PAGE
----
Jump to content


  • Content Count

  • Joined

  • Last visited

  1. Im in a very remote area. I havent found anything local. I contacted our little local school, and thats how I found the one small shop that I did find. I ordered my clay a couple weeks before I really started using it. It seems fairly wet, but wedging it seems to dry it more? It feels okay when I begin wedging, then it seems to stiffen up. Should I be wetting my hands a bit hear and there while I wedge? I'll have to give the advice from Pres a try. Because ive flopped quite a bit i do have a pile of really wet clay. Should I try to incorporate the two? Should I put it all in a bag together and let it sit? Will they mix well if I just try to wedge them with out sitting together, or will I just make a mess? As for grog, Im afraid of it. The skin on my hands if very sensitive, and I fear grog will chew them up too much.
  2. There is nothing near me that mixes clays. The only close place I have to buy from orders from the same place and she tried to charge me out the wazoo for it!
  3. Im looking for recommendations on a good soft clay to begin throwing with. I order my clay from aardvarkclay.com and I called today, but the guy on the phone wasnt much help. I previously ordered their beemix w/o sand and it seems harder to throw than it should be. It dries out quickly, so Im constantly adding water. It takes a while to open up a pot. I press down and can only go about 3/4 of an inch down before I have to add water, and I REALLY have to push down. The clay just doesnt like to move. Ive watched so many videos on line and it doesnt seem like it should be that hard. Im pretty sure its the clay, but I dont know what other clay to try? They dont give info on their website as to how soft or plastic their clay bodies are. Any help would be much appreciated. TIA
  4. I'll have to get out the little level next time. It worked much better when we moved it to the table, even tho it was a cheap plastic one. Im stil struggling with getting it centered well, but after its centered it does fine until you try to pull it up past 4-5 inches. We were able to pull a few little bowls tho. I'll have to play with it more and see what happens.
  5. So I got an artista wheel, and have been using it outside on top buckets, or a table. My whole yard is dirt, so nothing is level. I've been having problems centering, but my husband has seem to have gotten it down. Either way, once either of us tries to pull they clay up, it seems to come off center and starts to wobble. I was just wondering if anyone knew weather or not this could be caused by the wheel not being level? I know we're both new to getting back into throwing, so Im not sure if its just technique, and we both need more practice (which im sure it part of it) or how much the way the wheel is set up is effecting it. Thanks for the input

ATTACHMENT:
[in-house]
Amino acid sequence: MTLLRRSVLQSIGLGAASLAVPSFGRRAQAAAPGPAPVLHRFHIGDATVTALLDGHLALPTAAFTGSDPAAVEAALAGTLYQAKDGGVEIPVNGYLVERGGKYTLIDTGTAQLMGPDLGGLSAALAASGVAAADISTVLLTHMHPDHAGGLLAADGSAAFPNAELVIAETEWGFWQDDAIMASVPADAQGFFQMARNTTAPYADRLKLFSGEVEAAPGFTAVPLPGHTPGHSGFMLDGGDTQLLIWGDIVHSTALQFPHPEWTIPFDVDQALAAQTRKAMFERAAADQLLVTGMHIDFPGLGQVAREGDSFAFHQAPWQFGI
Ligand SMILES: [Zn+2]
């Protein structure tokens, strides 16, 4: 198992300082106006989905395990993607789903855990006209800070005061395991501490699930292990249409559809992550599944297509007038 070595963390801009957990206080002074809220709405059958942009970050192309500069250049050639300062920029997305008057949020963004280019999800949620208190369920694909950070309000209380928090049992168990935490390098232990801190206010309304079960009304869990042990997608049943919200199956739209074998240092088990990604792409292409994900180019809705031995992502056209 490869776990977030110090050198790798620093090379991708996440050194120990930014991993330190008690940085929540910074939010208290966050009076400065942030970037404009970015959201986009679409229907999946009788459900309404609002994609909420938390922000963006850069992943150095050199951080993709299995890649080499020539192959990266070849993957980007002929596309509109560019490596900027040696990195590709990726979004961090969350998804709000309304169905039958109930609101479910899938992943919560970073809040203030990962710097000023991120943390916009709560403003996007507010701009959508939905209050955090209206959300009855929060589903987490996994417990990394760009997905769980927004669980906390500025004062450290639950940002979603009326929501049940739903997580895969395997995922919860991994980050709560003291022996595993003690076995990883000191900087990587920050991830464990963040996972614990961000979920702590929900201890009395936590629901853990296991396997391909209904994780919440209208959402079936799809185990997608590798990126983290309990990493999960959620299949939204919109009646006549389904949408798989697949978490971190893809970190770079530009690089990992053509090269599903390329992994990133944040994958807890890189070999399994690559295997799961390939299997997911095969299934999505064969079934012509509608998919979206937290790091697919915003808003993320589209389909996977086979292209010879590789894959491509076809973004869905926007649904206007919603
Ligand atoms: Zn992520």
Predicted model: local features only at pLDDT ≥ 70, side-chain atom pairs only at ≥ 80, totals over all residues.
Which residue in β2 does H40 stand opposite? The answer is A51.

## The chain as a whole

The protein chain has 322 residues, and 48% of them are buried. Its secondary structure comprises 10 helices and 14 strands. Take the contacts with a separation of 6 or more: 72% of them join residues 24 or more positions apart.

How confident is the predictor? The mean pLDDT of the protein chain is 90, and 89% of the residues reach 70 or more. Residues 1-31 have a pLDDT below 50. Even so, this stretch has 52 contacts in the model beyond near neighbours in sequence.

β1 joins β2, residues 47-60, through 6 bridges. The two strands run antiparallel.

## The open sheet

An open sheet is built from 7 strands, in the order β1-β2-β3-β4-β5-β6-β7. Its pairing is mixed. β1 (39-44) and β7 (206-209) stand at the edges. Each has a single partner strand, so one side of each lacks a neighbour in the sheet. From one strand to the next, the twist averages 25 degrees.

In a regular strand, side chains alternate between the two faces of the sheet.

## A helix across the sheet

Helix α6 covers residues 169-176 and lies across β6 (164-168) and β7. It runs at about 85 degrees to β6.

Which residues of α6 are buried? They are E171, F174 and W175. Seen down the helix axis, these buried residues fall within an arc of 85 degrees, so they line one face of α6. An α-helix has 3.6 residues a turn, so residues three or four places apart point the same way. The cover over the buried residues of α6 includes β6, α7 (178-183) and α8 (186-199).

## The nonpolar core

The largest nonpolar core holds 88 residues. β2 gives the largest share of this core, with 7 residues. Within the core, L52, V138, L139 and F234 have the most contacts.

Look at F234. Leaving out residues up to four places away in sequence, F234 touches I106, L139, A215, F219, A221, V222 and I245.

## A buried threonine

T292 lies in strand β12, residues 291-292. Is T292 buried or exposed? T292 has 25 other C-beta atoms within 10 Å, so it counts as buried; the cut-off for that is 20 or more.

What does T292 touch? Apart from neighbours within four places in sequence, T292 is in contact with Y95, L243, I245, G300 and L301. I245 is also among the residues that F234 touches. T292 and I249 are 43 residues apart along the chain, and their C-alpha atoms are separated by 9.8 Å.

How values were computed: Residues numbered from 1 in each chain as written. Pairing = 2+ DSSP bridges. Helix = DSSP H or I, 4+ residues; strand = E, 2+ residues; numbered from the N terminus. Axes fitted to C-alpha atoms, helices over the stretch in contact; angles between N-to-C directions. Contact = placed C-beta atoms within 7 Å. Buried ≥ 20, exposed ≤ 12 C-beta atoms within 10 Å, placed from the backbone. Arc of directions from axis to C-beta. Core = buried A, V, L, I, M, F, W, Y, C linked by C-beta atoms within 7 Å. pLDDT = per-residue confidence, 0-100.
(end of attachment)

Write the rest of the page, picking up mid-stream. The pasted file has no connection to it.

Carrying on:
6. I just bought a stretched canvas frame from walmart, then went to me local lumber co. and had they cut some wood squares to fill in the back. Works like a charm
  7. I searched high and low to find the place to buy online, and like you ran into super steep shipping rates. I finally called a somewhat local (50 miles away) to get a quote. She told me she charged $1 a pound (doesnt matter what clay), plus approx. $30 for shipping, also, you have to buy at least 50lbs. So I was looking at $80 to buy from her, plus an hour commute both directions to get it. Well, after asking her about what sort of mid-high fire clays she had, she told me she needed to call her distributor to find out. She called back and was over whelmed, so she gave me their website so I could see what they had (then told me I HAD to buy from her, could not buy from them). Moral of this story, I went to aardvarkclay.com to see what they had. Every clay listed had different prices, along with an "add to cart" option. I found a good stoneware for $9 per 25lb bag which was cheaper than I had seen anywhere else. They also offer flat rate shipping via usps. It cost me $15.38 to ship 50lbs of clay. I spent a total of $38.06 which saved me almost $50 along with a commute to pick it up.